Abstract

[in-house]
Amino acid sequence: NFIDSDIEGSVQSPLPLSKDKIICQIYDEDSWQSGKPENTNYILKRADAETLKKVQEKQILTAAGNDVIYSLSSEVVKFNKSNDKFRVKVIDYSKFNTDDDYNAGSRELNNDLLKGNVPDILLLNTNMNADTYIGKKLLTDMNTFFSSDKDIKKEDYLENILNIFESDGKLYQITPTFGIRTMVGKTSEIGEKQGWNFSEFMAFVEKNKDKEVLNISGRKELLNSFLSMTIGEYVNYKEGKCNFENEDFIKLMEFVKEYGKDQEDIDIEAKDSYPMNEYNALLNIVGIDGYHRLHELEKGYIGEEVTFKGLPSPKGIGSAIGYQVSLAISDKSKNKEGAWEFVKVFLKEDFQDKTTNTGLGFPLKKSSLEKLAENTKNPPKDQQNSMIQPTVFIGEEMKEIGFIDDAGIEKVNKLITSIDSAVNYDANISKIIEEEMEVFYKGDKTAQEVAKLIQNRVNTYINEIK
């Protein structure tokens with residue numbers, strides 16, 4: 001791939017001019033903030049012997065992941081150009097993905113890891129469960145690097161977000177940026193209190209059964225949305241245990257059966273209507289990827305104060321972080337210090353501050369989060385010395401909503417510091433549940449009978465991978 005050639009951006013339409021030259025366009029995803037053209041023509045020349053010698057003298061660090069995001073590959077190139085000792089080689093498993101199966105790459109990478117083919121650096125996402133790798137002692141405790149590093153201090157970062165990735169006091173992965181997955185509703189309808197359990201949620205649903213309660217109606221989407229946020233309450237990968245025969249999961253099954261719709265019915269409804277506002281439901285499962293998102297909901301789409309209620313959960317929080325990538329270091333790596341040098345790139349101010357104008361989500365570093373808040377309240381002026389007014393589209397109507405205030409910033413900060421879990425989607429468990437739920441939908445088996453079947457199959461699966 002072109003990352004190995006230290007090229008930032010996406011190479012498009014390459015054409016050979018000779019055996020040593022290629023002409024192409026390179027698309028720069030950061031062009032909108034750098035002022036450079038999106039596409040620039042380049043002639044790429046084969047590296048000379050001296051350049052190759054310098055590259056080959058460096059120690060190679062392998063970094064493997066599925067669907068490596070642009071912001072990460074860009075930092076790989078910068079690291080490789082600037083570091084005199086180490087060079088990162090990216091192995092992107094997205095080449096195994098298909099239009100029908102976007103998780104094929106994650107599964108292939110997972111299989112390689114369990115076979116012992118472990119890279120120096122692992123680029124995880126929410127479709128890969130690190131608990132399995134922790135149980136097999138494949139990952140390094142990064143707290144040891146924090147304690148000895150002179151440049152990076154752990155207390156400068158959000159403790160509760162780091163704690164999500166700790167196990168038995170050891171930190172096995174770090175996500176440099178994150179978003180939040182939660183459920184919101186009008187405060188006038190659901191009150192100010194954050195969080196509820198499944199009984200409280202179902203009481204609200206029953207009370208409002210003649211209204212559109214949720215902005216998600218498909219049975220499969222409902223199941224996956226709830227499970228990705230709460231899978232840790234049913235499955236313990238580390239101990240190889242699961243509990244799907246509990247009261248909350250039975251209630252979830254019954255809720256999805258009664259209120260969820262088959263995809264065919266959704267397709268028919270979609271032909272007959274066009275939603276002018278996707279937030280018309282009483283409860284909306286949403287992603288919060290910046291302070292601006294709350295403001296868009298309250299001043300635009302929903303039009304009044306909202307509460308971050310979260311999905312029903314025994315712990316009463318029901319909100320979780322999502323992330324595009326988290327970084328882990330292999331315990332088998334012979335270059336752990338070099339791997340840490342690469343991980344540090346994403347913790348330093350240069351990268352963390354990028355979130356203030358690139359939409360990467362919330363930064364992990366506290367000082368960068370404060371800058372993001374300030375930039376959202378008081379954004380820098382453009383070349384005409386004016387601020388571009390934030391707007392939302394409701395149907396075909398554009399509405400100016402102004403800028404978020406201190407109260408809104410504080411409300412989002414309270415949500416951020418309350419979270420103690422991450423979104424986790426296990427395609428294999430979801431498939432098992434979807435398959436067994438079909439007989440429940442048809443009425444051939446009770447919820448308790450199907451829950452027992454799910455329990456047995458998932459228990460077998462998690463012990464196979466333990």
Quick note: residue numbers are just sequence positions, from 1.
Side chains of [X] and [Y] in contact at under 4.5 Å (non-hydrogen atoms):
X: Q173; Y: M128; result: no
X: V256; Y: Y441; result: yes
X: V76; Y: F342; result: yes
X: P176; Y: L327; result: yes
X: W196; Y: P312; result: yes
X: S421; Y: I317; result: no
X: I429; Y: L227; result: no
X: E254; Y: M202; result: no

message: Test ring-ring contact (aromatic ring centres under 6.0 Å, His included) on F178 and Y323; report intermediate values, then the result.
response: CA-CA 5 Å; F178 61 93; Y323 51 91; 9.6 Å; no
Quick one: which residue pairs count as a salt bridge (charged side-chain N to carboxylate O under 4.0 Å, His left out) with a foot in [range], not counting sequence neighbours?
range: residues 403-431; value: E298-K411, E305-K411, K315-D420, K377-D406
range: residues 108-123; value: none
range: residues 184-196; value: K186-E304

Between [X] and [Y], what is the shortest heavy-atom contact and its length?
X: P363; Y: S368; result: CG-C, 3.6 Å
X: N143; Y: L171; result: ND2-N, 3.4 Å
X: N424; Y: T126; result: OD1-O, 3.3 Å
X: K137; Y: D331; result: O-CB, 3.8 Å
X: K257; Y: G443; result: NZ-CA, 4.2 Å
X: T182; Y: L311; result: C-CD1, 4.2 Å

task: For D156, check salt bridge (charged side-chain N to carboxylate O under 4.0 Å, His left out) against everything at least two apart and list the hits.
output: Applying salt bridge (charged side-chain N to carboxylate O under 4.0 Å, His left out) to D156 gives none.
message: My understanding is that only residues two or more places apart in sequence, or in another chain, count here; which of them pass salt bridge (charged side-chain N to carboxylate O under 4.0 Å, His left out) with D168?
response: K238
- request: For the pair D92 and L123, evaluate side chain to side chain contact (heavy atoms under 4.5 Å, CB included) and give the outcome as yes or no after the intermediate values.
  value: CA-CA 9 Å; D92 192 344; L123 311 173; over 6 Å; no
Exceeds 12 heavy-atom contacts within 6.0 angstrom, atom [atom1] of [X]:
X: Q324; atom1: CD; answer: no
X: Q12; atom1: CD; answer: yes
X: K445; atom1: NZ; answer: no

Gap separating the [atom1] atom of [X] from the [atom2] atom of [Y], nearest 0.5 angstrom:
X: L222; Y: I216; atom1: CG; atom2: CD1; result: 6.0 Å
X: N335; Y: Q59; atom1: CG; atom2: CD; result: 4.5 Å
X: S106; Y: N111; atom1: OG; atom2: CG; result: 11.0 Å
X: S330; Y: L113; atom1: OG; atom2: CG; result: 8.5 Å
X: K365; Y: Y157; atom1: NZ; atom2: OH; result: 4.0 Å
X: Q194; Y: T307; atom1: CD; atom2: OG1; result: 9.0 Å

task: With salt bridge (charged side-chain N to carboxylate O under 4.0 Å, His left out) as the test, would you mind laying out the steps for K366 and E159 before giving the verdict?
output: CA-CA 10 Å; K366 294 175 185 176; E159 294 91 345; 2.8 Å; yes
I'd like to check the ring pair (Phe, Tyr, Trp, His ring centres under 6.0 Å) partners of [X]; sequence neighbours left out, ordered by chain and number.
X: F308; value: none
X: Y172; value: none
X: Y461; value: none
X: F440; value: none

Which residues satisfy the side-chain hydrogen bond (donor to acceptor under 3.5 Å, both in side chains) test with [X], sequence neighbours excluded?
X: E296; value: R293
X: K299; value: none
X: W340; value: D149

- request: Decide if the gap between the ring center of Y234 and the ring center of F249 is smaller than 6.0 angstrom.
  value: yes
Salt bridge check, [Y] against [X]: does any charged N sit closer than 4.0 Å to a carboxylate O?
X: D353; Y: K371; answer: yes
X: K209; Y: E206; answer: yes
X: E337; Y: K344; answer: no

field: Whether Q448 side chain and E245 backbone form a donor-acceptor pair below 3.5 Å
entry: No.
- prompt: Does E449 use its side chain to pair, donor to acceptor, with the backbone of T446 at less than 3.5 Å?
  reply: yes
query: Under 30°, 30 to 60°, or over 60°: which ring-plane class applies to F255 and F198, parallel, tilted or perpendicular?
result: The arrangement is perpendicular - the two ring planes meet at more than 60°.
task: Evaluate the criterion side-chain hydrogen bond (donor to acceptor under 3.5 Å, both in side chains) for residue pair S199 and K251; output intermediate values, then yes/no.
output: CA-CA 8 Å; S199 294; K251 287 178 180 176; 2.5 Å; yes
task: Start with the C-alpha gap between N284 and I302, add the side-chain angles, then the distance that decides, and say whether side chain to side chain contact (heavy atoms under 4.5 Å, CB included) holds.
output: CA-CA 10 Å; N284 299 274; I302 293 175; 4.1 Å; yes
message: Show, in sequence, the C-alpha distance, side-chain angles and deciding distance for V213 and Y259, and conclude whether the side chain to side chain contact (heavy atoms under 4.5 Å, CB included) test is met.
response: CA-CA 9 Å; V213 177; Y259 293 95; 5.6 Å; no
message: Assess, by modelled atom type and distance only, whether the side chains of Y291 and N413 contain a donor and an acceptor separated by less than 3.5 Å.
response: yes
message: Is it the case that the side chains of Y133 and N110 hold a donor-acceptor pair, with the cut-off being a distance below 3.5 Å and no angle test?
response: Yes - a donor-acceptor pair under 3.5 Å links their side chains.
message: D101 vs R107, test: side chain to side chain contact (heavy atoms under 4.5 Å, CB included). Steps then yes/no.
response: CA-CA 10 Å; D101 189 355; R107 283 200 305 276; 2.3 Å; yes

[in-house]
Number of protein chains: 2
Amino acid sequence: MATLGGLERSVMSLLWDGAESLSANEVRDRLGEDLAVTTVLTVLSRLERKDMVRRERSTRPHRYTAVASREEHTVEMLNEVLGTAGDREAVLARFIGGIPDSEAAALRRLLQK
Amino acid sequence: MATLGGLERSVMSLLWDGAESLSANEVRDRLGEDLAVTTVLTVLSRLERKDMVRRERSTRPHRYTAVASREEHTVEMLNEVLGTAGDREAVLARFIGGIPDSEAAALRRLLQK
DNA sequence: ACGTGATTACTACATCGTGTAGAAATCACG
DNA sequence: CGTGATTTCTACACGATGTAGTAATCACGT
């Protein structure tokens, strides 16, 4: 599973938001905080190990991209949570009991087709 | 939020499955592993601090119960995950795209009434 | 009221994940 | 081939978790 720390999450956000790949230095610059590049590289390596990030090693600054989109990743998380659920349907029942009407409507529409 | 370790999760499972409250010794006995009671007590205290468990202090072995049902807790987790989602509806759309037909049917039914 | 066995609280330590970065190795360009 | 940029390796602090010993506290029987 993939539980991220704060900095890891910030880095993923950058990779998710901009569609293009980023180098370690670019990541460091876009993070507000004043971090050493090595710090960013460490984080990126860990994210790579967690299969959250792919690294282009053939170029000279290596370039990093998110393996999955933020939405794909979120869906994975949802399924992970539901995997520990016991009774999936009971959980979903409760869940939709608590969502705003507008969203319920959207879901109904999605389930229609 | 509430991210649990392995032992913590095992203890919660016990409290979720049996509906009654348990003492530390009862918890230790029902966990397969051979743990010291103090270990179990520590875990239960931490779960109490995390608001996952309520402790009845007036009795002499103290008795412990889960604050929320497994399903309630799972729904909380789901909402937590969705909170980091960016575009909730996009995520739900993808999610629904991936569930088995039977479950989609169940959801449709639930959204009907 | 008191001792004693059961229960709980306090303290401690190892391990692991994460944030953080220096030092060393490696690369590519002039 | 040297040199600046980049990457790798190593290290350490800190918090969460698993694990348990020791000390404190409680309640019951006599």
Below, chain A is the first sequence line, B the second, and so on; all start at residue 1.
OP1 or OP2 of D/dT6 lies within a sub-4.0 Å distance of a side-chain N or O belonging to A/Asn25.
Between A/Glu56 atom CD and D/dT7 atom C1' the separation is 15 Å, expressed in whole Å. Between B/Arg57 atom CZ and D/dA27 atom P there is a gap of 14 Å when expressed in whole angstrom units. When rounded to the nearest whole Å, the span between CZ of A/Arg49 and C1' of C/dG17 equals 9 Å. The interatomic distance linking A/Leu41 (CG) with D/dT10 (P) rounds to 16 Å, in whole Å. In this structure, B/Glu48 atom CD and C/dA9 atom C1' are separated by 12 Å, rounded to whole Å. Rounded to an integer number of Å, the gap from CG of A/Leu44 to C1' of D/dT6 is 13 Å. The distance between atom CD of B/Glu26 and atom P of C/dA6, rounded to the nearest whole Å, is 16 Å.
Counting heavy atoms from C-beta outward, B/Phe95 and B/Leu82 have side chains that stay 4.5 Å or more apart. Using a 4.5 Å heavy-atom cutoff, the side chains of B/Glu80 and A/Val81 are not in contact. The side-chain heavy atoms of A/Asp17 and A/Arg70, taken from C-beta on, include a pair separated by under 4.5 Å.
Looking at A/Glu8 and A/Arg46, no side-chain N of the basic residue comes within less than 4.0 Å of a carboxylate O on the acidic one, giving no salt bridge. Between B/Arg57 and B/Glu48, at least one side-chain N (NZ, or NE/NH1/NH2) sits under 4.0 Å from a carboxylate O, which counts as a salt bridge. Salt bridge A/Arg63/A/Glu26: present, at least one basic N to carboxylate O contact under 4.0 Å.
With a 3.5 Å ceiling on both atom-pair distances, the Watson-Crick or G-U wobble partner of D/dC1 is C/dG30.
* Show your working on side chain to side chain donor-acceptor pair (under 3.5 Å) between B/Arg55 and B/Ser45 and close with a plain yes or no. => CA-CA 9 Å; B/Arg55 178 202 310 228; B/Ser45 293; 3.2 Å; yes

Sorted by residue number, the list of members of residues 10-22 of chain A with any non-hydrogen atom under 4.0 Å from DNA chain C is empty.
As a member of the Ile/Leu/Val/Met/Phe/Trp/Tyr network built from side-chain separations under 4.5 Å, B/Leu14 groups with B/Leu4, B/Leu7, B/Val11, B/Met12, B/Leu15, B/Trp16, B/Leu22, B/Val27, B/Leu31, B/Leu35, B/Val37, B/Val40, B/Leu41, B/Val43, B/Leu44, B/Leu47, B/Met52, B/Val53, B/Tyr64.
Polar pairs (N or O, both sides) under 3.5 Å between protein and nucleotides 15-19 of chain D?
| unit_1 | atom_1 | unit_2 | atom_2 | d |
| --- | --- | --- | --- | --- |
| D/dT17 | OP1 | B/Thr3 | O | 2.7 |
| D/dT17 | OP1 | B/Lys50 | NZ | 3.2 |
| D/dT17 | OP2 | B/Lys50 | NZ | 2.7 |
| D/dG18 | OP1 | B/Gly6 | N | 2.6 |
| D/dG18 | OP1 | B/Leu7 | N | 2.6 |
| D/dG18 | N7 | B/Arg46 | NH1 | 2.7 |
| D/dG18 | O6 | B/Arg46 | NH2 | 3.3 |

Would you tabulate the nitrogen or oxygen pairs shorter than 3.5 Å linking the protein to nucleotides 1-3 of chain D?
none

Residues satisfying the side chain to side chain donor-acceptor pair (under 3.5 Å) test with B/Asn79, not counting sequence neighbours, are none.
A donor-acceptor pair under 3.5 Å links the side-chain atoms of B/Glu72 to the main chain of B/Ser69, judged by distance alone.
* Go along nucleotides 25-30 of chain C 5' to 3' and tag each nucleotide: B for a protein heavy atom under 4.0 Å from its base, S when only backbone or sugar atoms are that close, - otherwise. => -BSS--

We have previously described a population of deeply, but reversibly, quiescent stem cells (qSC) found in patients with chronic phase (CP) CML at diagnosis. In vitro studies have proven this population to be highly insensitive to imatinib mesylate (IM; Gleevec, STI571) induced killing, and more worryingly shown that qSC are accumulated after CML CD34+ cells are treated with IM. As it is likely that CML qSC closely resemble normal HSC, we hypothesise that they too may express the stem cell-associated ABCG2 and have therefore examined the expression and function of this drug efflux pump on CML cells. In agreement with other studies we show the interaction between ABCG2 and IM. Using ABCG2 over-expressing cells (AML6.2 and HL60-BCRP) we found that ≥0.5μM IM reduced efflux of the ABCG2 substrate BODIPY-Prazosin by a similar degree as the inhibitor fumitremorgin C (FTC; 10μM). We have now examined expression and function of ABCG2 on primary CML cells taken from patients in chronic phase (CP) and prior to any treatment. Quantitative Taqman analysis of 8 CD34+ enriched (≥90%+) CML samples revealed that the level of expression is 2.46 fold higher than that in normal mobilised CD34+ cells (n=8 CML, n=4 normal). In addition, we undertook microarray analysis of normal or CML CP CD34+ cells fractionated according to cell cycle using Hoechst-Pyronin (G0, G1 and G2/S/M). These analyses (n=3 normal, n=5 CML) show that at all stages of the cycle CML cells express more ABCG2 than normal cells and that G0 CML cells express 2.48 fold more than those in G1 , confirming both the over-expression in CML and relationship to the most primitive subset of cells. Using the antibody BXP21 we found that 8 of 9 samples contain ABCG2+ve cells (5 of 9 ≥60% of cells ABCG2+). We also examined the function of ABCG2 on CML CD34+ cells by performing efflux assays, 4 of 6 showed efflux that was inhibited by 10μM FTC or ≥0.5μM IM, and this efflux capacity correlated with BXP21 staining. We therefore considered whether the combination of IM therapy and ABCG2 inhibition would overcome the accumulation of CML qSCs we have previously reported after treatment with IM. Using CFSE to track cell division we treated CD34+ enriched CML samples with 5μM IM +/− FTC or with 10μM FTC alone for 3 days. In comparison to untreated controls 5μM IM reduced the total number of cells to 31.9±9.2 % and the number of CD34+ cells to 43.2±17.6%. However, the non-cycling qSC significantly increased to 318±75.8% of control. In contrast, the ABCG2 inhibitor FTC did not effect a reduction in total cells (99.5±11.9%) but gave a significant reduction of CD34+ cells (58.6±8.4%; p=0.02) and no accumulation of qSC (104.6±33.8%) when used alone. We saw no cumulative effect when IM and FTC were given concurrently. These data suggest strongly that FTC may be used to deplete CD34+ ‘stem cells’ from CML, as the total cell number is unchanged it is likely that this depletion is by the induction of differentiation. We propose that the expression of ABCG2 may be clinically significant in CP CML and that inhibition of this pump may result in a ‘stem cell targeted therapy’ that could be followed by IM treatment to reduce the tumor load. Such reduction of CML stem cells would result in elimination of minimal residual disease and effect a lasting remission.

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